Journal article

Bruneau N, Toumi R, Wang S, 2018, Publisher correction: Impact of wave whitecapping on land falling tropical cyclones, Scientific Reports, Vol: 8, ISSN: 2045-2322

Journal article

Wang S, Toumi R, 2018, A historical analysis of the mature stage of tropical cyclones, International Journal of Climatology, Vol: 38, Pages: 2490-2505, ISSN: 0899-8418

The characteristics of tropical cyclone intensity and size during the mature stage are presented. Rooted in the classic description by Herbert Riehl, the mature stage is identified as the period from the time of lifetime maximum intensity to the time of lifetime maximum size. This study is the first to analyse the global climatology of the mature stage of tropical cyclones in detail. Three basic features at the mature stage are observed: the reduction of intensity, the outward expansion of the eyewall, and the increase of tangential wind in the outer primary circulation. Globally, about a quarter of tropical cyclones undergo the mature stage. High intensity at the end of the immature stage favours the likelihood of the occurrence of the mature stage. The intensity reduction during the mature stage is considerable with nearly three-quarters of cyclones decreasing by more than 10%, which makes the conventional ‘steady-state’ presumption questionable. The increase in the radius of damaging-force wind is typically about 50 km, while the decrease in maximum wind speed is typically 20% at the mature stage. However, the average integrated kinetic energy and hence destructive potential increases substantially by about 70%. This is consistent with our finding that most of the highly damaging landfalling hurricanes undergo a mature stage. Intensity downgrades during the mature stage may be misinterpreted as they are mostly not accompanied by an overall danger reduction.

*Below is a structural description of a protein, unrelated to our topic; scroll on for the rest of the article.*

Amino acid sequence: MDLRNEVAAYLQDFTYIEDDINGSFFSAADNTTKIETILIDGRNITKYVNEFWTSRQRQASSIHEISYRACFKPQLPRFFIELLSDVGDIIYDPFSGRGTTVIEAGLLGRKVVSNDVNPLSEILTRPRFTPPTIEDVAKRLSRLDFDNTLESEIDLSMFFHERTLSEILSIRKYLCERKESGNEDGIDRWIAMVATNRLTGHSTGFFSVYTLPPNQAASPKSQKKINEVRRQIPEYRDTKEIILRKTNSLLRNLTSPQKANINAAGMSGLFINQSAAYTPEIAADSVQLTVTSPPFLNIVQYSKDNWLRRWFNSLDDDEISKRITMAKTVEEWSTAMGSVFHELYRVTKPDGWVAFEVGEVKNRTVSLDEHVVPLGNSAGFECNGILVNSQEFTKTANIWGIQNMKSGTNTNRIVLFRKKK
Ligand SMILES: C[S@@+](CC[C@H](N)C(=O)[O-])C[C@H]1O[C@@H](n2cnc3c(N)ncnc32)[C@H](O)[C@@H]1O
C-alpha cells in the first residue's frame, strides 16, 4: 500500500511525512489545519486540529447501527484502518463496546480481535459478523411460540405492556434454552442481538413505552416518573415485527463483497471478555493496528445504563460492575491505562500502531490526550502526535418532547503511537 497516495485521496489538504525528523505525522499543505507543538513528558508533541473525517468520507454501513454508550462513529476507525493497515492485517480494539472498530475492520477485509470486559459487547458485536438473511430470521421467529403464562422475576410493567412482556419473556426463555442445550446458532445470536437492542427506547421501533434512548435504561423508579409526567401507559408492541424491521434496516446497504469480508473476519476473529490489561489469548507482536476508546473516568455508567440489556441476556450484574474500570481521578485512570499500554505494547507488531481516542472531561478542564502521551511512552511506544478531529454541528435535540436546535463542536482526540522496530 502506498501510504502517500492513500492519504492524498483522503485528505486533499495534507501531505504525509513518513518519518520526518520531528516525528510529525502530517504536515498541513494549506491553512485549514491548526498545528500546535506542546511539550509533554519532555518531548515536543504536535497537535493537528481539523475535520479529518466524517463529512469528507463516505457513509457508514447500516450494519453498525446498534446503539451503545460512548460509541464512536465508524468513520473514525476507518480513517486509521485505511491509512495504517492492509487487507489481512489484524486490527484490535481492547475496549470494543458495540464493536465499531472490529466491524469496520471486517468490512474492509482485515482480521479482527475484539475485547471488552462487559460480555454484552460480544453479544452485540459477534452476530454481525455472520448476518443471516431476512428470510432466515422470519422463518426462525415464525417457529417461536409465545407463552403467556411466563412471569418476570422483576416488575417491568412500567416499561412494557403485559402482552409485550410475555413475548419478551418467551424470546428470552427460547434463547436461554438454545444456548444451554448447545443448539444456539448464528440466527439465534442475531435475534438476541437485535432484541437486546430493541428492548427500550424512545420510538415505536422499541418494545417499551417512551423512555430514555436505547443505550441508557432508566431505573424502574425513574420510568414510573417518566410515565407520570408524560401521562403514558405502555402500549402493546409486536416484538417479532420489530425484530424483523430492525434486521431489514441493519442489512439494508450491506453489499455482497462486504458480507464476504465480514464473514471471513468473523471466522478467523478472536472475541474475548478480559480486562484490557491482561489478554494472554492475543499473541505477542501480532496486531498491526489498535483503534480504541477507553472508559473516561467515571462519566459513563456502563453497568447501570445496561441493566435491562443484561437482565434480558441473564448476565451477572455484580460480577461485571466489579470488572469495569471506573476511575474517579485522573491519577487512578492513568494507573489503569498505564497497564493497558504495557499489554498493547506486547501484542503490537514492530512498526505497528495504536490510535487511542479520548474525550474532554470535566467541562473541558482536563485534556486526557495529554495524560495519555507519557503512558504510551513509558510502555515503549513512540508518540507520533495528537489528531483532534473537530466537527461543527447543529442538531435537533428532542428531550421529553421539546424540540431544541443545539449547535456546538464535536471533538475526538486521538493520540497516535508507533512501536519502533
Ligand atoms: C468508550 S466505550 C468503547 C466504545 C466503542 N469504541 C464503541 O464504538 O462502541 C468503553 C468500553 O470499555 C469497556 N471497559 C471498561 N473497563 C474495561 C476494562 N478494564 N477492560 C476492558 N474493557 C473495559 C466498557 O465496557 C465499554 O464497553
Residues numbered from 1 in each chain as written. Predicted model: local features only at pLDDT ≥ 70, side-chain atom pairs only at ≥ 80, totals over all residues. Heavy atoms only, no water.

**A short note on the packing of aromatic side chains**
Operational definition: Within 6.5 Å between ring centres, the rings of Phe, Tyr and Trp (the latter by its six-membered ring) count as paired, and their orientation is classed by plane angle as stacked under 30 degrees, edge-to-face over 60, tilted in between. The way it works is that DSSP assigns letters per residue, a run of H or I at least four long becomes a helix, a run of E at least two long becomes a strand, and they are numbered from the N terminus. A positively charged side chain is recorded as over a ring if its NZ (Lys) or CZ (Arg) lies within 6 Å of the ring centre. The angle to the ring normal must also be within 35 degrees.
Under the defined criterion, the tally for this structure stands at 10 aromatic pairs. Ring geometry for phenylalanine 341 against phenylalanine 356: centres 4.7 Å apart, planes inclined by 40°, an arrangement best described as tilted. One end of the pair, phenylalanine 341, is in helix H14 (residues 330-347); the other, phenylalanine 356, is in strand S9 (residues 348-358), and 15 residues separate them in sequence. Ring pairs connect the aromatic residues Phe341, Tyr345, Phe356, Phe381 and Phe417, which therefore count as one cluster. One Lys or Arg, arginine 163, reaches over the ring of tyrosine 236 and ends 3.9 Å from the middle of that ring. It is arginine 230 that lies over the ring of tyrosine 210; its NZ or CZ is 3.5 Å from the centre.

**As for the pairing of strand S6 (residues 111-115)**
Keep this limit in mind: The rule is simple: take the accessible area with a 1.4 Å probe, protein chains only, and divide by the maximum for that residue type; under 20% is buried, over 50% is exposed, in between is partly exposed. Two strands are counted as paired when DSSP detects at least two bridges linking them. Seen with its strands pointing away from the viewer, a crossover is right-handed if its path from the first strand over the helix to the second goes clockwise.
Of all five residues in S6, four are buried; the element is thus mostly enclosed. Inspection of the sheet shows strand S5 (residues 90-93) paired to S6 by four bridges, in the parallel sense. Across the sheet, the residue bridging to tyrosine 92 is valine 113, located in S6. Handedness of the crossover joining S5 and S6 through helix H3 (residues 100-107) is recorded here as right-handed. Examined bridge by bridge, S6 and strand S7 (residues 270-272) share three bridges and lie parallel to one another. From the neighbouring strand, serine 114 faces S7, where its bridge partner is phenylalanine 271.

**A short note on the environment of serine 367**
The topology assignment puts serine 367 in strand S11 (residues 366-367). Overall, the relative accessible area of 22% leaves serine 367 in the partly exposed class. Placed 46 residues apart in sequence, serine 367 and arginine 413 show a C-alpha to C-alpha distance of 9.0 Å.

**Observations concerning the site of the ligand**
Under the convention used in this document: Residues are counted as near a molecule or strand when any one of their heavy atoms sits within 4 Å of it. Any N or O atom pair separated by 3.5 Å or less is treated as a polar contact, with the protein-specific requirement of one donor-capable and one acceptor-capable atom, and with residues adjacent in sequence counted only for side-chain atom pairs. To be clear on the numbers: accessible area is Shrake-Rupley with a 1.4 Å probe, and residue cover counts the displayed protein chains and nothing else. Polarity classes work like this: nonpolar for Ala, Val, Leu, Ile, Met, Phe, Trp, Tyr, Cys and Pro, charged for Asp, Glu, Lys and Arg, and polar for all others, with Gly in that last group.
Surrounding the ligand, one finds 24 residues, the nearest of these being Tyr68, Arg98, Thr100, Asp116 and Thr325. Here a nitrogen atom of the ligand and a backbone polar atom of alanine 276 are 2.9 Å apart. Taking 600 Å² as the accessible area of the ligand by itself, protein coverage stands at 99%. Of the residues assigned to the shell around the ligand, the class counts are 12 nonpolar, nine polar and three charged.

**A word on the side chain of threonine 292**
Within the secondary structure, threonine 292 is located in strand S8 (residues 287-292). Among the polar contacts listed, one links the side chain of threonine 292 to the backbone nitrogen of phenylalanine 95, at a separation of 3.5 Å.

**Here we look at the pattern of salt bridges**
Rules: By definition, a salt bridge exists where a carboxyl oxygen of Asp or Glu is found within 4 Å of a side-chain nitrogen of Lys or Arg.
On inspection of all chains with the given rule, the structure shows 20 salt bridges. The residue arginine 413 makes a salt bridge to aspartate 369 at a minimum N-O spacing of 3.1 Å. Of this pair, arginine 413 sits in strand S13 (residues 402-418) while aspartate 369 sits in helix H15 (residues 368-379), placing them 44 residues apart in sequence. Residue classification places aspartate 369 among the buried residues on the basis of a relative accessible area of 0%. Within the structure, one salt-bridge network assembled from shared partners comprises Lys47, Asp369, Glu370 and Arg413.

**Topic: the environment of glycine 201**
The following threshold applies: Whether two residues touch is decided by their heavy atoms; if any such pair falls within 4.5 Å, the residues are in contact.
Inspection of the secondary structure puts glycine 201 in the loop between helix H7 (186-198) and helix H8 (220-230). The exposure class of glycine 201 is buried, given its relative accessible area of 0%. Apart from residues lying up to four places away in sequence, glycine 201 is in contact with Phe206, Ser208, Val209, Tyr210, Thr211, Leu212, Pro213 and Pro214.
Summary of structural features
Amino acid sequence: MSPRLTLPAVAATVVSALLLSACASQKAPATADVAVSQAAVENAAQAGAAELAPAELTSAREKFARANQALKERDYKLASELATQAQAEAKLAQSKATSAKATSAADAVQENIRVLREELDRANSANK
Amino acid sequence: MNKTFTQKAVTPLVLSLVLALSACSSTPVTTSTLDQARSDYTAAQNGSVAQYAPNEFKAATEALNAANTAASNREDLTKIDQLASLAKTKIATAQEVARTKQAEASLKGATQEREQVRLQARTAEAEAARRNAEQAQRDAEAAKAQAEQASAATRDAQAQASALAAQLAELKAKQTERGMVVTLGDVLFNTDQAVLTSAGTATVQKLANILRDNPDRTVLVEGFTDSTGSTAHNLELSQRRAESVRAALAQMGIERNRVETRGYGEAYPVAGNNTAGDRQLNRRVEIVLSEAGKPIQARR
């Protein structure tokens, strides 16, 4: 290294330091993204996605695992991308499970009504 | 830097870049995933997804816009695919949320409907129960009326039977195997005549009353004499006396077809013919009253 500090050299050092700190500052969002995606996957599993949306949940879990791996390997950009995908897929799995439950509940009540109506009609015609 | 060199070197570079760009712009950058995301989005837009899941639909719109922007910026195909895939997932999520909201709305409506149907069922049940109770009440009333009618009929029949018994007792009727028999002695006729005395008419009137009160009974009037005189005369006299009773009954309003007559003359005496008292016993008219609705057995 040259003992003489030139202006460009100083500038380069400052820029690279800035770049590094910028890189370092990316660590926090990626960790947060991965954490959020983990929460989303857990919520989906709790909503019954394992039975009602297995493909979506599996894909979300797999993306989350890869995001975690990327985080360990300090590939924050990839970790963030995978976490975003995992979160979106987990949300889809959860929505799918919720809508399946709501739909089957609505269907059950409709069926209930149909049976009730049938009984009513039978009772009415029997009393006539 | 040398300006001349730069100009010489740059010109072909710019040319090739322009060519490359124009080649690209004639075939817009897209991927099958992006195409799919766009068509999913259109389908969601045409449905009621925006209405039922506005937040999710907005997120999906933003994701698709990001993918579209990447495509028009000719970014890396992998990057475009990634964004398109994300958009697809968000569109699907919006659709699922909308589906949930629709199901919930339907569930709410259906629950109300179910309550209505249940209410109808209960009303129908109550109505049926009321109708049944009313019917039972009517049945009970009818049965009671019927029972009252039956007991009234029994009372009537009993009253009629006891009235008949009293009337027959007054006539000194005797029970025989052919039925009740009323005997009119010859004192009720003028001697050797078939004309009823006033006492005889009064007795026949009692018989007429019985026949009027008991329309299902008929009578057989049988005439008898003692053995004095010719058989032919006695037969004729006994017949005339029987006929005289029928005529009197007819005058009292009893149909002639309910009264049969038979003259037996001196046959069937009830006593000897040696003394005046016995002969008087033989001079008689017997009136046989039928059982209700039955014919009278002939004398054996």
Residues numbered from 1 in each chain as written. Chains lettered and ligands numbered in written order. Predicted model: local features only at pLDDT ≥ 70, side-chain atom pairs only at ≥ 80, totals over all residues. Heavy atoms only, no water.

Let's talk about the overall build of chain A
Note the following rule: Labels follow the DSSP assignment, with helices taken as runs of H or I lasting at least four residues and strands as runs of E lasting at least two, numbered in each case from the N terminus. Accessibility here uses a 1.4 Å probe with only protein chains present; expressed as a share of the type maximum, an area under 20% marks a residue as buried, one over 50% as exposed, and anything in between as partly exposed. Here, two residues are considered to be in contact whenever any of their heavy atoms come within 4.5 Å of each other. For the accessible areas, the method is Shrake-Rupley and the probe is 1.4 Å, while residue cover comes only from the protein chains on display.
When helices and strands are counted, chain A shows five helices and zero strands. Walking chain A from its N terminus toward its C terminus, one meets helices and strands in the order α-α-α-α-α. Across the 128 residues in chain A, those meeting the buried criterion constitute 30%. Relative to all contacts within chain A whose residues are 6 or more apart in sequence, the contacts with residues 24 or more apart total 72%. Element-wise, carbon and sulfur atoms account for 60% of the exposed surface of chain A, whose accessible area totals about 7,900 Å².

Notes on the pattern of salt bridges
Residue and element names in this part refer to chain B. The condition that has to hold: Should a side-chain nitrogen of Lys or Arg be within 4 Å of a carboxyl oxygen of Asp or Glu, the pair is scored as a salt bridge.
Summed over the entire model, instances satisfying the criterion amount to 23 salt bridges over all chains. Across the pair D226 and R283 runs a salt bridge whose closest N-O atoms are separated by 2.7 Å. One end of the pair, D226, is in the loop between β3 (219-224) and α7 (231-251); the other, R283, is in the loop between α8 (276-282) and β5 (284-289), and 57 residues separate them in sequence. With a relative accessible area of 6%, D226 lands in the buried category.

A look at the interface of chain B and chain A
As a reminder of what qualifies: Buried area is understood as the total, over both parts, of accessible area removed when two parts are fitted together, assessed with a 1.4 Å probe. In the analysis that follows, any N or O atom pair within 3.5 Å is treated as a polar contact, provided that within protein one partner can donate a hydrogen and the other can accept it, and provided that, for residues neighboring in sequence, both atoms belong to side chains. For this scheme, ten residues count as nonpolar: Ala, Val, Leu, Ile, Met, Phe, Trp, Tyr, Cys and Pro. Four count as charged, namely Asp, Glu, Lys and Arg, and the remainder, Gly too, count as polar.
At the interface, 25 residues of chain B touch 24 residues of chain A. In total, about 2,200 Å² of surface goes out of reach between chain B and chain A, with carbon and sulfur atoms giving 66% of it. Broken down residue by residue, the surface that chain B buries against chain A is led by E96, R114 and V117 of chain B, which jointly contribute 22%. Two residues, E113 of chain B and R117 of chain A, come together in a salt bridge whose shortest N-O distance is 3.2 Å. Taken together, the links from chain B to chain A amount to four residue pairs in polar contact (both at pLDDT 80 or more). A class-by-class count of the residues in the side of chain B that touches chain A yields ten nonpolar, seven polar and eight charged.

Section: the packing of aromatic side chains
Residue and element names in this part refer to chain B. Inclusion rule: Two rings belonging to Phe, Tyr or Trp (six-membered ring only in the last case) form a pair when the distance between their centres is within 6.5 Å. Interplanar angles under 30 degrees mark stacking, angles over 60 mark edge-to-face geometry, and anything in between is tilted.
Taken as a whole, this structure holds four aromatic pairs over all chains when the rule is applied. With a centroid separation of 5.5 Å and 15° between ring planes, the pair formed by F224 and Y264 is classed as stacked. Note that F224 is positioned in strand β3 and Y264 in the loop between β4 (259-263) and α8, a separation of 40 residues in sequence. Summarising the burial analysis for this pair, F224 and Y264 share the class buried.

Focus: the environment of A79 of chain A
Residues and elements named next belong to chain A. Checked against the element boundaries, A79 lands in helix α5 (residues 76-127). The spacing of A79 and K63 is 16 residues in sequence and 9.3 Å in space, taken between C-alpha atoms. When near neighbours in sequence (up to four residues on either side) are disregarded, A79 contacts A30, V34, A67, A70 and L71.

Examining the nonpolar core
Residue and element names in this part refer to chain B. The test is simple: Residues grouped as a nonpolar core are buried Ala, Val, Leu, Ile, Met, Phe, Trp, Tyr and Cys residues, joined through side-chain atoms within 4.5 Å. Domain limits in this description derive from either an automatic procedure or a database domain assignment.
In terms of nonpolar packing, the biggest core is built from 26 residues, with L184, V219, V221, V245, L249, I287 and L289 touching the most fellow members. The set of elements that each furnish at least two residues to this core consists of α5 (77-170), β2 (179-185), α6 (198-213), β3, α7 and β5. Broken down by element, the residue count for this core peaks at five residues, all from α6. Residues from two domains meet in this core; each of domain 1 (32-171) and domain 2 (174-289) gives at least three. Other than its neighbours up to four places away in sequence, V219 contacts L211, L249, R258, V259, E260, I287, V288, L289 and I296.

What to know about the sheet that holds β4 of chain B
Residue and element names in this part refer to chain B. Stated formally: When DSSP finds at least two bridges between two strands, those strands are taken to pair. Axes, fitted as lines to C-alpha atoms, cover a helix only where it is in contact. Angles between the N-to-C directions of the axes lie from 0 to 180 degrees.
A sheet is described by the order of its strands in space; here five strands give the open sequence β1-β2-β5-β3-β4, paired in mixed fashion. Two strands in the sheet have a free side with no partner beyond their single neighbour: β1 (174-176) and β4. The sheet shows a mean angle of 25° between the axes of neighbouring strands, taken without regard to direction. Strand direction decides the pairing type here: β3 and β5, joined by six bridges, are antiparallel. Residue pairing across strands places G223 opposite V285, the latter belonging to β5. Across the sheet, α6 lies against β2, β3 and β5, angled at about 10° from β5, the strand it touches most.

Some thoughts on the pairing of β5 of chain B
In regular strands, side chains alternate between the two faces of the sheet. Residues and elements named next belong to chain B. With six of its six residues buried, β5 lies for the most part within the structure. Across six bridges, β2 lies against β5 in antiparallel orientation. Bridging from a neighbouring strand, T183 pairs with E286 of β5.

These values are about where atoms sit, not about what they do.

Journal article